According to several surveys, he’s the most famous person in history, yet he’s also been named “the man nobody knows.” According to Amazon, he’s the subject of more than 50,000 English-language books and related merchandise on their US website alone. No doubt there are millions more items in libraries and shops around the globe. One of his earliest biographers intimated that his life was so full that if everything about him were to be recorded, “even the world itself could not contain the books that would be written.” And the book in which his story was first told is still the world’s bestseller centuries after his time. He was certainly a leader, a visionary, a teacher and a prophet—yet also the target of baseless hatred, persecution and false accusation.
These thoughts come to mind as I reflect on the war in Ukraine, the multiple challenges imposed on world leaders at this time of crisis on many fronts, and the expectations of humanity that someone or ones will arrive to resolve the impasse, get us out of the box canyon and give us hope again—as someone once put it, the kind of leader who has the patience of Job, the wisdom of Solomon and the humility of Jesus Christ.
In his book Leadership: Six Studies in World Strategy (2022), controversial American statesman Henry Kissinger says there is no leader of the stature of his list of greats—Konrad Adenauer, Charles de Gaulle, Richard Nixon, Anwar Sadat, Lee Kuan Yew and Margaret Thatcher—who deserves the accolade today. He categorizes his six according to individual overriding action plan: the strategies of humility, will, equilibrium, transcendence, excellence and conviction respectively.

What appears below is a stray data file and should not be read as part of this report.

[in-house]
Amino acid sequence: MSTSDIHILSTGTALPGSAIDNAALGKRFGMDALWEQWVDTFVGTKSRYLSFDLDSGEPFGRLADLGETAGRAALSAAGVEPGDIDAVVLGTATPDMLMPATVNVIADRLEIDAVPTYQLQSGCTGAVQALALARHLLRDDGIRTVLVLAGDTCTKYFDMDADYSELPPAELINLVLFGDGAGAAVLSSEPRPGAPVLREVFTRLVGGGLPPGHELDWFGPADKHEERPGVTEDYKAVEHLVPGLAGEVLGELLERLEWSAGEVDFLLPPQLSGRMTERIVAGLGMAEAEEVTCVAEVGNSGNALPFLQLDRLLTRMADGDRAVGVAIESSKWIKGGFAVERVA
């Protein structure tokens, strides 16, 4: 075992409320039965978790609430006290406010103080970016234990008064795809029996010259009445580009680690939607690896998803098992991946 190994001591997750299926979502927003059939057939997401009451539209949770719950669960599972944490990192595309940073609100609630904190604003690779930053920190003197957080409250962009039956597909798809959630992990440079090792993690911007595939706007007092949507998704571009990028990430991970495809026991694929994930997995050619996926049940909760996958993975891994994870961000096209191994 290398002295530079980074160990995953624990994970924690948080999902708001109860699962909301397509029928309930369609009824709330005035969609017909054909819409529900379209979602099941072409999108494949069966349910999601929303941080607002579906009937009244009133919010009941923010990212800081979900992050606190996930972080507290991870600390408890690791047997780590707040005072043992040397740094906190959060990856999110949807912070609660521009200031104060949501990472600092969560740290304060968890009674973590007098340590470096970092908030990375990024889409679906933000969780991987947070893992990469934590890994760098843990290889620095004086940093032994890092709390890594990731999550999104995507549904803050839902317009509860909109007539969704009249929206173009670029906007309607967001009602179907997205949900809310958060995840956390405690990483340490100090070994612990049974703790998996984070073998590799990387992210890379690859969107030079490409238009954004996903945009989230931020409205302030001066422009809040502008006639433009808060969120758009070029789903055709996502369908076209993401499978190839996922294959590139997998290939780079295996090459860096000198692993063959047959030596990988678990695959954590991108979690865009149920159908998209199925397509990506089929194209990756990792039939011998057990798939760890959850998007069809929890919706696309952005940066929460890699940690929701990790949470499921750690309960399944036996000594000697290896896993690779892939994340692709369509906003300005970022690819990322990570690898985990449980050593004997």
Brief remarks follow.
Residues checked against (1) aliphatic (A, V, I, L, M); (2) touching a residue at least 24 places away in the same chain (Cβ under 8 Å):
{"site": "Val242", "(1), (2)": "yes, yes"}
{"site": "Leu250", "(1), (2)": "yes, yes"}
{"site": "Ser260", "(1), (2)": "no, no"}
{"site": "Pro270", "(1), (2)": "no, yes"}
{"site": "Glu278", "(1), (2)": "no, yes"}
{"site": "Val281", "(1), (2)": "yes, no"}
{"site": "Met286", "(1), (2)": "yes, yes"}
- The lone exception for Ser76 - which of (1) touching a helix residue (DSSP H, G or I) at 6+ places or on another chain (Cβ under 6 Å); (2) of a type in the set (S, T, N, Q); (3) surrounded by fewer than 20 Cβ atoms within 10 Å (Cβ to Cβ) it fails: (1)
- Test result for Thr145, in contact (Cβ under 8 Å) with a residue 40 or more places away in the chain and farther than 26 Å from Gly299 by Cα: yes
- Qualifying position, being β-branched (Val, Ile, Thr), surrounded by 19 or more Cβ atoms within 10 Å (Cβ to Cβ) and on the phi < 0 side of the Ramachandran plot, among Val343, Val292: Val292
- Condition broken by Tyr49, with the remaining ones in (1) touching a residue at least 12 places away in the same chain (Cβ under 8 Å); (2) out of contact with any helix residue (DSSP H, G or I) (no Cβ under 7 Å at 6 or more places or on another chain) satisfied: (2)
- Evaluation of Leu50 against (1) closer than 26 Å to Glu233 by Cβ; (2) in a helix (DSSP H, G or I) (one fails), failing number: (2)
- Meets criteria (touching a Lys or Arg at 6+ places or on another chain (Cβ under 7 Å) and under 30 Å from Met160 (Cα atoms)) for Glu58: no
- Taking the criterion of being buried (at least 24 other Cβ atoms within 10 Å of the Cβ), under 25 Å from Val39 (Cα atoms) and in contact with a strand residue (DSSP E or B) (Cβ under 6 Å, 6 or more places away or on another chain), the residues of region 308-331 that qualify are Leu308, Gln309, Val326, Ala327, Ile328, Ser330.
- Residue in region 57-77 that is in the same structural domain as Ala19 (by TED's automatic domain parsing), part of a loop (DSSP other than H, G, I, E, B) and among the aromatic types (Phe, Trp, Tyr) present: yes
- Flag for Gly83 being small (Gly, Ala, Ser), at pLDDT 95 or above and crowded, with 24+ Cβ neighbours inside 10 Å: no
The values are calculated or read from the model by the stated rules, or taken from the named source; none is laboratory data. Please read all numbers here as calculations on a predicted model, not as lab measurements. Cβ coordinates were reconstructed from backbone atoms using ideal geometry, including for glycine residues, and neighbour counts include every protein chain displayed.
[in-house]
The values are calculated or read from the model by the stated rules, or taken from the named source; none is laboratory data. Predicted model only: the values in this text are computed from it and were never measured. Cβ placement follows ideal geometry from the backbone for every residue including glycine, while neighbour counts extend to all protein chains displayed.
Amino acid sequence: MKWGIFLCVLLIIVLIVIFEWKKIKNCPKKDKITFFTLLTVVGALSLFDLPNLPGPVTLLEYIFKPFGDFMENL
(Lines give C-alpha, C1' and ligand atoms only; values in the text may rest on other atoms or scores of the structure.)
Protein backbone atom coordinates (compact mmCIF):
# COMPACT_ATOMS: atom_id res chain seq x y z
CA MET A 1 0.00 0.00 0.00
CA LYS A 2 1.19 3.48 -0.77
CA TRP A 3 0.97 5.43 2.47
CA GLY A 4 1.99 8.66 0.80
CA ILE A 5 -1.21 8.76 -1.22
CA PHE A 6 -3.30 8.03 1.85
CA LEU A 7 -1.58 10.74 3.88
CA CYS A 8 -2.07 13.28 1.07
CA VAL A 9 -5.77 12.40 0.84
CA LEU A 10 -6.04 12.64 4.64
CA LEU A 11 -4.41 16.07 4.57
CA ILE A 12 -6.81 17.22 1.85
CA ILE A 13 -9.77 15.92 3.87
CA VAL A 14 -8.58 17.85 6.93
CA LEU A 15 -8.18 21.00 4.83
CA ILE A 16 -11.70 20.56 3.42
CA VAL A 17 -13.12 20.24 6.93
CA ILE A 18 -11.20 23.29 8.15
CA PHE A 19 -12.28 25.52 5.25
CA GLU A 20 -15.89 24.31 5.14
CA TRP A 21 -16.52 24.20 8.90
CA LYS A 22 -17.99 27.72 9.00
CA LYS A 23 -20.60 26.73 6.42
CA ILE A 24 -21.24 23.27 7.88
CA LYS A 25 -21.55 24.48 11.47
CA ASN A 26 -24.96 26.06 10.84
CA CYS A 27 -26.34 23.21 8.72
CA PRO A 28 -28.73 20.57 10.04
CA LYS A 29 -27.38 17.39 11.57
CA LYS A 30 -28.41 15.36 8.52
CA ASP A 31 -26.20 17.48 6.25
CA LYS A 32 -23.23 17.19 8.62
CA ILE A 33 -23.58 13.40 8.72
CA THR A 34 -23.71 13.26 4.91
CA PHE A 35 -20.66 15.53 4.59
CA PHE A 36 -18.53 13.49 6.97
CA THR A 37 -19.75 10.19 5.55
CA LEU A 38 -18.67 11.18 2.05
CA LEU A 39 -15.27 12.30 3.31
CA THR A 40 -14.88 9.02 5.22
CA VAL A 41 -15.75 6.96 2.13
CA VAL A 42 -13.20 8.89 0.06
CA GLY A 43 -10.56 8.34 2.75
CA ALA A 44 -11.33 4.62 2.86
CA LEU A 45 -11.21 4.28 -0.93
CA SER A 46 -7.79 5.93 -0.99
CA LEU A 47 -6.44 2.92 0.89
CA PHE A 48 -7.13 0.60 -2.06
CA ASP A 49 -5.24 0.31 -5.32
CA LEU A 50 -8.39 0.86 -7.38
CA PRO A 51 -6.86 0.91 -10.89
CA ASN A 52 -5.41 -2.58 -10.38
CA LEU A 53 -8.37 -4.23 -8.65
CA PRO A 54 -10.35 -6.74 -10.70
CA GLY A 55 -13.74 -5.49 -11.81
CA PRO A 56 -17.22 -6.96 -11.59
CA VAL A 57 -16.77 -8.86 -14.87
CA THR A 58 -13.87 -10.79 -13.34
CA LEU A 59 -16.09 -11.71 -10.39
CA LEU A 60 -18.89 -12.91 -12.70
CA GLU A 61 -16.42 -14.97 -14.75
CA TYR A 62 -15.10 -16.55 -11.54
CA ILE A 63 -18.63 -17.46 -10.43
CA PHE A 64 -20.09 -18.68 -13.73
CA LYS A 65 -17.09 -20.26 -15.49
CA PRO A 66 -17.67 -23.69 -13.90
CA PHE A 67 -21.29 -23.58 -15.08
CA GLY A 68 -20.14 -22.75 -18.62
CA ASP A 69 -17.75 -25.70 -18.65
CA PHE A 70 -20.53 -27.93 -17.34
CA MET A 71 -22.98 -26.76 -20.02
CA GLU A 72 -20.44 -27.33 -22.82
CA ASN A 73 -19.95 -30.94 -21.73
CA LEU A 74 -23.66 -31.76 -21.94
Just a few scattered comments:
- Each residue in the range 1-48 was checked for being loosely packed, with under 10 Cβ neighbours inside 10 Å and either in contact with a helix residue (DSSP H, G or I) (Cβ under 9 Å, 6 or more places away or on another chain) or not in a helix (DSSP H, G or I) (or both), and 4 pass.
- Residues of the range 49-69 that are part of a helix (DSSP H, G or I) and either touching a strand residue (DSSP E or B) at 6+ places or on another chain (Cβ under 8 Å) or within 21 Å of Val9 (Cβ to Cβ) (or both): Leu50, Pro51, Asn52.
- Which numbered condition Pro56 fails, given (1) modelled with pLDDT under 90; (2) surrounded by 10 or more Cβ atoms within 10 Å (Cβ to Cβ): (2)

It’s striking that of any of the earlier-mentioned characteristics of patience, wisdom and humility, he names only one example: Adenauer, chancellor of Germany in the post–World War II era. His tenure was marked by recognition of German national moral failure in the Nazi years, determination to rebuild a peaceful Germany based on Christian ethics, and alliance with the United States and the European nations. Kissinger labels this the strategy of humility. It produced relative peace in Europe and held the Soviet Union behind the Iron Curtain at the cost of a divided Germany.
But was it the humility of the man everybody knows and nobody knows—Jesus Christ? His brand of humility was not a strategy, a plan based on enlightened self-interest. It was self-effacement for the good of others, with no personal benefit in sight.
“Do nothing from selfish ambition or conceit, but in humility regard others as better than yourselves. Let each of you look not to your own interests, but to the interests of others. Let the same mind be in you that was in Christ Jesus. . . .”
A great deal of good was achieved by Adenauer’s humility. Would that his strategy were Vladimir Putin’s model. But truly great leadership of the Christlike kind is achievable only when the Spirit that motivated Christ’s level of selflessness is at work.
Is it possible for human beings to even aspire to that? For Kissinger’s realist approach, based on human nature as unchanging, a strategy of humility may be the most we can expect. But Christ’s ideal humility is far preferable and the only long-term answer to the level of problems the world is now facing. Without that kind of humility, leaders will come up short, nations will not resolve their conflicts, environments will continue to suffer, and societies will not live in peace with each other.
Is that kind of humility attainable? The one who set the prime example said that it is: “Take my yoke upon you, and learn from me; for I am gentle and humble in heart, and you will find rest for your souls” (Matthew 11:29).